The Immigration Policy Center (IPC) and the Electronic Frontier Foundation (EFF) have published “From Fingerprints to DNA: Biometric Data Collection in U.S. Immigrant Communities and Beyond.” The white paper discusses the privacy and civil liberty problems and questions raised by the collection and use of biometric data,especially as it affects immigrants. Here’s more from the introduction:
The collection of biometrics—such as fingerprints, DNA, and face recognition‐ready photographs—is becoming more and more a part of the society in which we live, no less so for immigrants within the United States. State and local law‐enforcement agencies are quickly adopting mobile biometrics scanners like the fingerprint scanners in use by the LAPD, though many of the newer scanners, like the “MORIS” (Mobile Offender Recognition and Information System), are able to collect and identify much more than fingerprints—including iris prints and face images taken from several inches to several feet away.
Both the Department of Homeland Security (DHS) and the Federal Bureau of Investigation (FBI) are in the process of expanding their biometrics databases to collect much more information, including face prints and iris scans. As of January 2012, the FBI has been working with several states to collect face recognition‐ready photographs of all suspects arrested and booked. Once these federal biometrics systems are fully deployed, and once each of their approximately 100+ million records also includes photographs, it may become trivially easy to find and track people within the United States.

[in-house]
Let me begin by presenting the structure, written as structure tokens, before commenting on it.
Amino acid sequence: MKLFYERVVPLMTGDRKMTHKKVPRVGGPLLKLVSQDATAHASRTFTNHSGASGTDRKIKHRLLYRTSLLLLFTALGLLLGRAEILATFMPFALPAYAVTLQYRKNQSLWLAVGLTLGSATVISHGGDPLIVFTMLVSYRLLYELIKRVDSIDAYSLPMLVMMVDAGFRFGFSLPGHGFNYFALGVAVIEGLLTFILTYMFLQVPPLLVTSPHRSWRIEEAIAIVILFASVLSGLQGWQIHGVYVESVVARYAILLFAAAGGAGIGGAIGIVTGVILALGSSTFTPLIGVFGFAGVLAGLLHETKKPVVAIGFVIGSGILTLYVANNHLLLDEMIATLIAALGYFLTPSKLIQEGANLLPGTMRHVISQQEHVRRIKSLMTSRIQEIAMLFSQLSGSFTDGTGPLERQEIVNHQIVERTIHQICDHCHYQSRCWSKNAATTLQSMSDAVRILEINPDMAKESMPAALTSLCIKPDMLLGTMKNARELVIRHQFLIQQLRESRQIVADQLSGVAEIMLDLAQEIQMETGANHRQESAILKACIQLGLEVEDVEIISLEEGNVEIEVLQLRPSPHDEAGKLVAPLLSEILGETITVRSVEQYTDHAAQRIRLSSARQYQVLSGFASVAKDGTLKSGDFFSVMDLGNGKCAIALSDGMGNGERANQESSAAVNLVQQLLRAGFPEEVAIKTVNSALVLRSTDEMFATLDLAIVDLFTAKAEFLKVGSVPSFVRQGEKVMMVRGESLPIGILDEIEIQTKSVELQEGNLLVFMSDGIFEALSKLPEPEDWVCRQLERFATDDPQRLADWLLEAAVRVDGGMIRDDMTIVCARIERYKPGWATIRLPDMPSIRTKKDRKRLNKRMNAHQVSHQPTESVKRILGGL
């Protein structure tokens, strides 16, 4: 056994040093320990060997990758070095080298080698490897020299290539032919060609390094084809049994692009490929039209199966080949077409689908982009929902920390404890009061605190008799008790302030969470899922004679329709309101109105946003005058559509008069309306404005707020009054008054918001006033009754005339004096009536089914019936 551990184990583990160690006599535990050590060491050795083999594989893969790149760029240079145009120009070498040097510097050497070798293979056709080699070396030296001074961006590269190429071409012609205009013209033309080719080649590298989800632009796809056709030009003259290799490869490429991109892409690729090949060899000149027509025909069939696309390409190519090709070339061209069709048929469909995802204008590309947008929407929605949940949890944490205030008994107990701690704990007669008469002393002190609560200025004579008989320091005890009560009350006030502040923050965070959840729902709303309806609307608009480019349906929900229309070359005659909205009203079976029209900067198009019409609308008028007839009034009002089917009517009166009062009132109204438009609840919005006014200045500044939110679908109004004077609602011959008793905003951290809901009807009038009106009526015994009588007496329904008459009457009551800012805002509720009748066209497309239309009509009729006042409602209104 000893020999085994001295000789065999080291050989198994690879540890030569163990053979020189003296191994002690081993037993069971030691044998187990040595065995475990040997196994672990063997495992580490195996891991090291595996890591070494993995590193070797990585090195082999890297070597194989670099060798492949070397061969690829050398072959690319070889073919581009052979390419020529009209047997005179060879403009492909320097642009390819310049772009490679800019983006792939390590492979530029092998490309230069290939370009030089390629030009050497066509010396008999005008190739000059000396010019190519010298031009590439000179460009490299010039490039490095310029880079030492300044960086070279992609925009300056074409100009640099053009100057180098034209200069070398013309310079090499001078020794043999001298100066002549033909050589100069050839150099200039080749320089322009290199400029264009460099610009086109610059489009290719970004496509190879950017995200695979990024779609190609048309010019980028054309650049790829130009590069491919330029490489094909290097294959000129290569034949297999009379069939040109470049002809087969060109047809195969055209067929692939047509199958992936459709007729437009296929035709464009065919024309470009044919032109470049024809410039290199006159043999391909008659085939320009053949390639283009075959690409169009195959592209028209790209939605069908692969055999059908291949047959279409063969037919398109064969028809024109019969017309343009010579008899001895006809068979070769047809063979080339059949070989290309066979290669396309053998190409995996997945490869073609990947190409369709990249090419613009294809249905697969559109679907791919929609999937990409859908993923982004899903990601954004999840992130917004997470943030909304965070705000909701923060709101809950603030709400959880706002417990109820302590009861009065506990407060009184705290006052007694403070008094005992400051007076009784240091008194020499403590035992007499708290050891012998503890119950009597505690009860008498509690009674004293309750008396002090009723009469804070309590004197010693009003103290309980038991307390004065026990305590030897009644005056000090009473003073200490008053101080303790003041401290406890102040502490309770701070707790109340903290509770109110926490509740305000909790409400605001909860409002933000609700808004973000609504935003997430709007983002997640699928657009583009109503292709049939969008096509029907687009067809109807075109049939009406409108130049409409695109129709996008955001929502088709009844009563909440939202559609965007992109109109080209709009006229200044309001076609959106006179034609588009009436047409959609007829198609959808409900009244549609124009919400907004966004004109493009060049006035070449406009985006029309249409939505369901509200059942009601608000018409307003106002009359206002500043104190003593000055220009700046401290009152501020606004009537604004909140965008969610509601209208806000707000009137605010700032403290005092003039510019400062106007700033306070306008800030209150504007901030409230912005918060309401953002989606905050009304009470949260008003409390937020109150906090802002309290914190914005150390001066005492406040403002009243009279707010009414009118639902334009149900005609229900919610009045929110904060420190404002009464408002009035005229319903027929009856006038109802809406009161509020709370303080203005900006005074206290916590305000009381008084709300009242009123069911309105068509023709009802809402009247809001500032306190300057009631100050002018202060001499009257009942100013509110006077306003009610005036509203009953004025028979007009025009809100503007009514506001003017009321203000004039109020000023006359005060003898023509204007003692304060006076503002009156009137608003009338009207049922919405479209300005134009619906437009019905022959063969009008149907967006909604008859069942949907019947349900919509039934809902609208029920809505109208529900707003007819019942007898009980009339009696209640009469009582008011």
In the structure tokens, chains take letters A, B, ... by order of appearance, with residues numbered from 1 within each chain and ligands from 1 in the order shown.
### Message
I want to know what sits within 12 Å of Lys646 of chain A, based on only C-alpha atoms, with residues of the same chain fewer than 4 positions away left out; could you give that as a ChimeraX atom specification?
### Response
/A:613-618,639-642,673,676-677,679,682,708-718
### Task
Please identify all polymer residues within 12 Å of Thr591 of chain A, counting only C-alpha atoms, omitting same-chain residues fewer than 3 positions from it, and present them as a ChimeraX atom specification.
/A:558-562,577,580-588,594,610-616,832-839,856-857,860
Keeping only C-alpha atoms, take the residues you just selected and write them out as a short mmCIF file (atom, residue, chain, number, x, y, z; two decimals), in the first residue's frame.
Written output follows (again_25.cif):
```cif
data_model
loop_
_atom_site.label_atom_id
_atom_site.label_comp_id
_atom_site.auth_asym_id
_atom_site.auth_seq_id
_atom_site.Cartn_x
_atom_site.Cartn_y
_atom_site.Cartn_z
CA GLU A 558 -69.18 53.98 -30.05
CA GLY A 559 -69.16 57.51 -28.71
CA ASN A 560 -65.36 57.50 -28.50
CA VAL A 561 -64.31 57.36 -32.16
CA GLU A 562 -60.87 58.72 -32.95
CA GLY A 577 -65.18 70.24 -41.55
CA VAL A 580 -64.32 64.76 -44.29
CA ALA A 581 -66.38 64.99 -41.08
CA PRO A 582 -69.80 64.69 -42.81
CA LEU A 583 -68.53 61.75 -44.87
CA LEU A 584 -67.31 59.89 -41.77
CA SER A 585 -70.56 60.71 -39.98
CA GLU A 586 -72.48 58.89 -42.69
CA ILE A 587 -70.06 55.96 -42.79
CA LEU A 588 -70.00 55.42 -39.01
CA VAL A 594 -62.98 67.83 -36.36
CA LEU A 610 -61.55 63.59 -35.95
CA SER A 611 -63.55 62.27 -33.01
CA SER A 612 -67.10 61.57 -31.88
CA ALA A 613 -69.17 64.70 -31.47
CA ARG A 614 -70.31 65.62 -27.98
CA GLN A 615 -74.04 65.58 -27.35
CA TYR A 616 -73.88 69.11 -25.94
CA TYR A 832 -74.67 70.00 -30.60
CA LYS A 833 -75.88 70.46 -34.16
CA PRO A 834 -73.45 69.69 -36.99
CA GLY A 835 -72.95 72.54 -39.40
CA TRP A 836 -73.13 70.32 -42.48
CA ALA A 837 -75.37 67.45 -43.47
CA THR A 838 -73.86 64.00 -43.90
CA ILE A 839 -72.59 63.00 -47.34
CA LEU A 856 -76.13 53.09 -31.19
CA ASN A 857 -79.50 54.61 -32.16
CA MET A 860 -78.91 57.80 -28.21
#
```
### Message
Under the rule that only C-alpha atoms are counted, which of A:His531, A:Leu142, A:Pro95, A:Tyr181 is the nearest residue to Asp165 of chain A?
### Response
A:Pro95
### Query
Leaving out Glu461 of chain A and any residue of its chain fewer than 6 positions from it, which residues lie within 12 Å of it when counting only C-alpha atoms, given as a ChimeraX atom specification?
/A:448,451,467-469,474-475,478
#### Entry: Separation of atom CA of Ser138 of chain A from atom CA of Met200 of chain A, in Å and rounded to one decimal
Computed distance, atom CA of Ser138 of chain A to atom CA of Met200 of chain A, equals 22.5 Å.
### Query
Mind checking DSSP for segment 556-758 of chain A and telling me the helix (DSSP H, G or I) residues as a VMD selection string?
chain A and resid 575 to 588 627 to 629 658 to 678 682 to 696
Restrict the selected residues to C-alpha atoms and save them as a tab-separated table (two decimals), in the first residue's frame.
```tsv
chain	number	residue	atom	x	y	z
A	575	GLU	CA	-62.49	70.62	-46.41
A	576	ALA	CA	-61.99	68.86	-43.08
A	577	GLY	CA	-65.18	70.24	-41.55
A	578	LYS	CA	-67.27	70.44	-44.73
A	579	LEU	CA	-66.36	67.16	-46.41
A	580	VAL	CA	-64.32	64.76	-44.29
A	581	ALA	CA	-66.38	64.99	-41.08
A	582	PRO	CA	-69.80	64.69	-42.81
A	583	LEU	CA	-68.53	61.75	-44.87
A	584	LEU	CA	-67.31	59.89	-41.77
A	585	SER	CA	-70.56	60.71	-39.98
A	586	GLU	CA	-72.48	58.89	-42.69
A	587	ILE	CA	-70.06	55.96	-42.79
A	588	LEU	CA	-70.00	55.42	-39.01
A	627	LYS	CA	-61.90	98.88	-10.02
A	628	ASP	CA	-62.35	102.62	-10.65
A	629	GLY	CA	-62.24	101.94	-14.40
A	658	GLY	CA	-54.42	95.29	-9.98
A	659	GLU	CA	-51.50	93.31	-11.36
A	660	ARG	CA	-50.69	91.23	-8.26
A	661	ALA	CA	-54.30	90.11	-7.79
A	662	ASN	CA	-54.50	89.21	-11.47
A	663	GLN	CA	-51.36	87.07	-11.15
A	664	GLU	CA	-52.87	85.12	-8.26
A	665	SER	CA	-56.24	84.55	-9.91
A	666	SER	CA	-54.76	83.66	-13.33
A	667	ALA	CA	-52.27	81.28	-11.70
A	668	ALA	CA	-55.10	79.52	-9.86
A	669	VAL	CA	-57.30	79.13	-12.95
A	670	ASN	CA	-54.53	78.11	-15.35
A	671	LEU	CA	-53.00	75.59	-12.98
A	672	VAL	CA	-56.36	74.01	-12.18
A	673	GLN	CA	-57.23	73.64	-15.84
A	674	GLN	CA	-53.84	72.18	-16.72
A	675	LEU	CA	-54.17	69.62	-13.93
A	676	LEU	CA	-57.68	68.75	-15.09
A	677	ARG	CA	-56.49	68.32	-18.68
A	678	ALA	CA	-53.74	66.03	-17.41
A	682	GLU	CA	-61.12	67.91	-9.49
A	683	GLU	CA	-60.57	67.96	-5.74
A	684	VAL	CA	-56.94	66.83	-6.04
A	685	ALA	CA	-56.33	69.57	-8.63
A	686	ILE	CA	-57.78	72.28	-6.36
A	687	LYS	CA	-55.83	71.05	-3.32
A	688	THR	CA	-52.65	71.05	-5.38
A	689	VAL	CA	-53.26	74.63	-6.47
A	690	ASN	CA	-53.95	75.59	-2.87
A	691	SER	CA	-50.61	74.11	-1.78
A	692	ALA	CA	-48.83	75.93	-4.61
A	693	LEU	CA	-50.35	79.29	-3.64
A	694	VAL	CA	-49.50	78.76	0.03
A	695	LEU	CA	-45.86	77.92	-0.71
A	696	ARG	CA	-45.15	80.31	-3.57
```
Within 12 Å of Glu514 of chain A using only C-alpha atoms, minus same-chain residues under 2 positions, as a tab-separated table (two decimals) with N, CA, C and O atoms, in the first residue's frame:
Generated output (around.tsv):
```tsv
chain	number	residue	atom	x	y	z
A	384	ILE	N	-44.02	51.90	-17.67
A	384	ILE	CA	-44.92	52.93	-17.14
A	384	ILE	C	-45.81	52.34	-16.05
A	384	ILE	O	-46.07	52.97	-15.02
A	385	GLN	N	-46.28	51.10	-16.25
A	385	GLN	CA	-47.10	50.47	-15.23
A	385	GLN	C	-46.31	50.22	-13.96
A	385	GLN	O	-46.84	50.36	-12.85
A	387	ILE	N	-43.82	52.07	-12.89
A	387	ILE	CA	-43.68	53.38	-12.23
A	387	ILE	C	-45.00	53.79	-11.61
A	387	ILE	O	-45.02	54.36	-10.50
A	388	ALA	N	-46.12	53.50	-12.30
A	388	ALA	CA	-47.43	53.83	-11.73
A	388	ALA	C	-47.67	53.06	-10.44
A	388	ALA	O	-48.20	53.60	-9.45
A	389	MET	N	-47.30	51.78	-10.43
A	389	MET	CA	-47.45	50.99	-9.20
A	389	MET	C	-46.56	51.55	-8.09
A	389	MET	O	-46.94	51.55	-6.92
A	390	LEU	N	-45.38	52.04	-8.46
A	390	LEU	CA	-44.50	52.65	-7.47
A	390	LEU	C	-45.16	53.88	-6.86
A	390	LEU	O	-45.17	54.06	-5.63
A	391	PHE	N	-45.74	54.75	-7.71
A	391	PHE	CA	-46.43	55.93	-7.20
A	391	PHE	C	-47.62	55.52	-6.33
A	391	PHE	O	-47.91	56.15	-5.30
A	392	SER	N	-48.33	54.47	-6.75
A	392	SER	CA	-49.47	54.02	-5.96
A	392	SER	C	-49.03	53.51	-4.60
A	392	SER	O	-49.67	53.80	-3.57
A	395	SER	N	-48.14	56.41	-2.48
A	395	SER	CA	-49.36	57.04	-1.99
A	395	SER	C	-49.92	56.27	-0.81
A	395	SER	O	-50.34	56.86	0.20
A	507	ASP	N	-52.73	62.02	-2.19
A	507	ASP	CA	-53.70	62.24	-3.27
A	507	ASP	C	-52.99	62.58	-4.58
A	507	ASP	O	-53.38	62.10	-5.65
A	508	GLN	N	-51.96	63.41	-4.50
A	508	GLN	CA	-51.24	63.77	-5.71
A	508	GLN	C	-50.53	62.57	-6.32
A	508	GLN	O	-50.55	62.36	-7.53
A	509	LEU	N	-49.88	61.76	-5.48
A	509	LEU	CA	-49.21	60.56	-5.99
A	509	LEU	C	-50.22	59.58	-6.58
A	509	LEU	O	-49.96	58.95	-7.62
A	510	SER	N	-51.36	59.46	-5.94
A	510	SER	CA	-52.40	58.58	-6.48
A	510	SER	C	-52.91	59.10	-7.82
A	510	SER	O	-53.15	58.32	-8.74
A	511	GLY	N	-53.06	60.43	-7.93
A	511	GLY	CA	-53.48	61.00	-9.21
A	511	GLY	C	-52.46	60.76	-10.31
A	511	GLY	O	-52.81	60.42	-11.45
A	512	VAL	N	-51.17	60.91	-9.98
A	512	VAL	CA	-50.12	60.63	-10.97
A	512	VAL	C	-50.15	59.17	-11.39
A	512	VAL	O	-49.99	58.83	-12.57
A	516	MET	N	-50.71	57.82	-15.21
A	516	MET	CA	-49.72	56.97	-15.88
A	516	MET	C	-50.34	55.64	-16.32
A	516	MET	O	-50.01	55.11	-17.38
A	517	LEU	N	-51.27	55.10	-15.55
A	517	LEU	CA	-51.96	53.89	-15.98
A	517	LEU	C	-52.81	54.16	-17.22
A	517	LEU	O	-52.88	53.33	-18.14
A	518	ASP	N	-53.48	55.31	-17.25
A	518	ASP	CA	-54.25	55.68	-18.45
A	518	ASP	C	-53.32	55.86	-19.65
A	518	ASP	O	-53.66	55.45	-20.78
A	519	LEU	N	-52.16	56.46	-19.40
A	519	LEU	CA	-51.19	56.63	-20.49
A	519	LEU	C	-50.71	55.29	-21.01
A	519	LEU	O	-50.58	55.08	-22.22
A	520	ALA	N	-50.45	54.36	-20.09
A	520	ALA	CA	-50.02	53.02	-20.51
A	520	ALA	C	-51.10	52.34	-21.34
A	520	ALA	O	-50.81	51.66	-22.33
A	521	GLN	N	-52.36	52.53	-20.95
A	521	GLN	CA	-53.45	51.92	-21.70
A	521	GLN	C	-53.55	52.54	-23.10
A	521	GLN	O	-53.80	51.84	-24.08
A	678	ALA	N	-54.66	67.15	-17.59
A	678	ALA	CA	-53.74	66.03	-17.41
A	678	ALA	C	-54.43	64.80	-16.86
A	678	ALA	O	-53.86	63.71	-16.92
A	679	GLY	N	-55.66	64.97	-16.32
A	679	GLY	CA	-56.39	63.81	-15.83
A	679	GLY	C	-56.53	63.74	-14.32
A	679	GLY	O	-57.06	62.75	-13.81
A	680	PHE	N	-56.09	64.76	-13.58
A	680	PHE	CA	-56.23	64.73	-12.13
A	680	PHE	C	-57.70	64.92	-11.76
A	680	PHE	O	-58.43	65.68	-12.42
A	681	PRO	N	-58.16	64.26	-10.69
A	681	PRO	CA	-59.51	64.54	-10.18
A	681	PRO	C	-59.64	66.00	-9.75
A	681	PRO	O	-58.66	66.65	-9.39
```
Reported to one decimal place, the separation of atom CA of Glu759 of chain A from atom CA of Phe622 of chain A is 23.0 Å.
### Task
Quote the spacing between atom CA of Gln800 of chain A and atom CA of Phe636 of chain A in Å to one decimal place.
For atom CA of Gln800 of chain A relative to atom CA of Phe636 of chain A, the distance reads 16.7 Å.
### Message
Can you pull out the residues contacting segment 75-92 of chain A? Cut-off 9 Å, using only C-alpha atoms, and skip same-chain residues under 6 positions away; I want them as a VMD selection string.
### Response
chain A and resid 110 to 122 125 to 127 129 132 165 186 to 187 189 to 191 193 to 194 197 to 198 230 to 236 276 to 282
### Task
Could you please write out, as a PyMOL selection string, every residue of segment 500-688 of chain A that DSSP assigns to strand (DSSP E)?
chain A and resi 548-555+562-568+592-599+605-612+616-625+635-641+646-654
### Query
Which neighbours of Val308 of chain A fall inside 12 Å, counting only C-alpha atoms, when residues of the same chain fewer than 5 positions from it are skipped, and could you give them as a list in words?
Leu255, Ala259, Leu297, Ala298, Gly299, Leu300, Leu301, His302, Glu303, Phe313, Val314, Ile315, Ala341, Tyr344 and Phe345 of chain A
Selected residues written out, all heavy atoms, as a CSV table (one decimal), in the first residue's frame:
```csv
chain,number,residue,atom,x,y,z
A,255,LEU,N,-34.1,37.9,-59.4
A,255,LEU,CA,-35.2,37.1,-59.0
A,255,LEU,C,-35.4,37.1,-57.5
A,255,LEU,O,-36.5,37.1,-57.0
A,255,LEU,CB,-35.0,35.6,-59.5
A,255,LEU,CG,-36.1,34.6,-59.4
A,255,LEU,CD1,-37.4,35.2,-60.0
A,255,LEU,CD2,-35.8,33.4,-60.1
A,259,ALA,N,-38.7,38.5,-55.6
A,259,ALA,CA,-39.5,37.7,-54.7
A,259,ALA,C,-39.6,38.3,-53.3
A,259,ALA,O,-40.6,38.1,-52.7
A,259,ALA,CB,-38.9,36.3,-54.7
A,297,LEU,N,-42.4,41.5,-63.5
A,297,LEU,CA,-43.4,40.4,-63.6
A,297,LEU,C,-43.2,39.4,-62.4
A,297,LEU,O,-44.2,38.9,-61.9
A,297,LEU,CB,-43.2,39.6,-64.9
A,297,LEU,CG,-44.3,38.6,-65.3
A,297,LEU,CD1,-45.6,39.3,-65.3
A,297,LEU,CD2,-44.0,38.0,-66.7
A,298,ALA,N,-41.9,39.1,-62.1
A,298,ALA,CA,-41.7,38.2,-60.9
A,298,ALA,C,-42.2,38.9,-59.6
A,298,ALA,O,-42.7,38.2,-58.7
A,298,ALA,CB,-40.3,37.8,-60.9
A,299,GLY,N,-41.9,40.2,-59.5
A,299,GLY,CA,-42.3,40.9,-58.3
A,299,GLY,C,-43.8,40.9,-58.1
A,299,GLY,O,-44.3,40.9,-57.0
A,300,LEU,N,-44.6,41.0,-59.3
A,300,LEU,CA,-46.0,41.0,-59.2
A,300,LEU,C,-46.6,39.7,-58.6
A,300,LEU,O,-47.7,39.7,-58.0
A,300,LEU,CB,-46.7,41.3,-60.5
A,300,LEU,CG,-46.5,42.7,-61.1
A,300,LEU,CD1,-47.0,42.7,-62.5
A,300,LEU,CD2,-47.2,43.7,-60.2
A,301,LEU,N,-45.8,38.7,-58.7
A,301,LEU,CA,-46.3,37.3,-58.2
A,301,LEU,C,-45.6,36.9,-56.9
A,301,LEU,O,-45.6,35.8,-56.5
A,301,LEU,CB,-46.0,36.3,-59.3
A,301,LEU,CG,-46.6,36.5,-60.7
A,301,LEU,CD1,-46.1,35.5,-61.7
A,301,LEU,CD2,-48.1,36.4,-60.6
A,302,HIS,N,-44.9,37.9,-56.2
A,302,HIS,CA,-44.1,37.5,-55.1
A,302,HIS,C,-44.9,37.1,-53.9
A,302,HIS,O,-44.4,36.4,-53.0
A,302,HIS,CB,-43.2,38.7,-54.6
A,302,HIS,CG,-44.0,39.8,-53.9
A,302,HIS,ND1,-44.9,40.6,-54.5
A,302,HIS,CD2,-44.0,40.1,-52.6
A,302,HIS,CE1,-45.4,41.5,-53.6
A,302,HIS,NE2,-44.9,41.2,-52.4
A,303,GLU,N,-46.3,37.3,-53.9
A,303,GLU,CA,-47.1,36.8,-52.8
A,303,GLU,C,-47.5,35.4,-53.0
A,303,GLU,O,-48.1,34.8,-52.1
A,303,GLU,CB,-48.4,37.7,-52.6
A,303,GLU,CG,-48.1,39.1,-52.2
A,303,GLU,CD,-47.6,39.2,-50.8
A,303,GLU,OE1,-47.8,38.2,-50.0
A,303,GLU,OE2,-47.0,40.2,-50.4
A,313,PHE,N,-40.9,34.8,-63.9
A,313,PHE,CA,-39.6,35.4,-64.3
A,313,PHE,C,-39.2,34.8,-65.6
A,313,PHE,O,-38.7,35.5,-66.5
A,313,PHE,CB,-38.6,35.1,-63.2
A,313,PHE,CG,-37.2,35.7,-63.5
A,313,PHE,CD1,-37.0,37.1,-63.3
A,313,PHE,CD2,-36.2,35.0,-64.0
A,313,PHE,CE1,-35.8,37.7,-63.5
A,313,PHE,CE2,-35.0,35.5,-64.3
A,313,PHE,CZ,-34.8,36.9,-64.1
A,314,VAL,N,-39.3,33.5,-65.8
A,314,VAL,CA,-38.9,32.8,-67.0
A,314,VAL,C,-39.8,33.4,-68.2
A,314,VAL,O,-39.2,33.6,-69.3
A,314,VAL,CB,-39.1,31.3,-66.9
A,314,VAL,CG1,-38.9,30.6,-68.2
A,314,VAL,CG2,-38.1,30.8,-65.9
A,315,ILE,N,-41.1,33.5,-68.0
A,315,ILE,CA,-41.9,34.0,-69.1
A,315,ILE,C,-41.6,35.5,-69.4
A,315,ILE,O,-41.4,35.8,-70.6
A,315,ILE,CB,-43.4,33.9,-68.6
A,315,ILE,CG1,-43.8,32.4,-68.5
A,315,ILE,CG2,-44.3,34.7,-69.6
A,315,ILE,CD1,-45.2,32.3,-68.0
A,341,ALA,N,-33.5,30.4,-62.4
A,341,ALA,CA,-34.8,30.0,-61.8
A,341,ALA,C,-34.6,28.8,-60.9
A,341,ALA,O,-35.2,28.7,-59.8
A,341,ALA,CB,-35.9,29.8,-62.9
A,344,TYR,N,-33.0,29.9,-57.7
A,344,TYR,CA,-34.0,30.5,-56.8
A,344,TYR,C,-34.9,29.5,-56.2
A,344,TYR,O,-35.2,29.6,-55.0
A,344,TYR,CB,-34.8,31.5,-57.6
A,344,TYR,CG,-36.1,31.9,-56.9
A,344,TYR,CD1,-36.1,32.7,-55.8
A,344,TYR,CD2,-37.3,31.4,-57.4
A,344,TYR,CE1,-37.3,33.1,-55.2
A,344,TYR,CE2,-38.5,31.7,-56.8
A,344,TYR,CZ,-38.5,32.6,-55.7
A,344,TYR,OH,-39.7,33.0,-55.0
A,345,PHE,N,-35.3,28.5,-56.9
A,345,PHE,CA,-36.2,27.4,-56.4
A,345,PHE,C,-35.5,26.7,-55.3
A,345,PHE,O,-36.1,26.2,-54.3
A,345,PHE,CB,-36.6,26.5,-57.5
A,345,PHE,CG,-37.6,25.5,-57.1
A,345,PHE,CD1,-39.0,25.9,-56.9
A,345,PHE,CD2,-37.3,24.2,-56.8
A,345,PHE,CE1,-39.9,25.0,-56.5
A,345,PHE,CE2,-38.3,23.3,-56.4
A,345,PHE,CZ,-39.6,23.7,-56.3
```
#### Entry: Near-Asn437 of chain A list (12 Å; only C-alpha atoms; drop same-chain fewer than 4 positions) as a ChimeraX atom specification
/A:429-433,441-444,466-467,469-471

Undocumented people living within the United States, as well as immigrant communities more broadly, are facing these issues more immediately than the rest of society and are uniquely affected by the expansion of biometrics collection programs. Under DHS’s Secure Communities program, states are required to share their fingerprint data—via the FBI—with DHS, thus subjecting undocumented and even documented immigrants in the United States to heightened fears of deportation should they have any interaction with law enforcement. Further, under data‐sharing agreements between the United States and other nations, refugees’ biometric data may end up in the hands of the same repressive government they fled. Should they ever be deported or repatriated, they could face heightened risks from discrimination or even ethnic cleansing within their former home countries.
This paper addresses these issues. It discusses the state of biometrics in the United States today and its planned expansion in the future. It provides background information on biometrics and applicable laws and how biometrics and immigration issues intersect. It discusses concerns within the privacy advocacy community about biometrics, data sharing, and databases—and applies those concerns to immigration issues. Finally, it concludes with some proposals for change.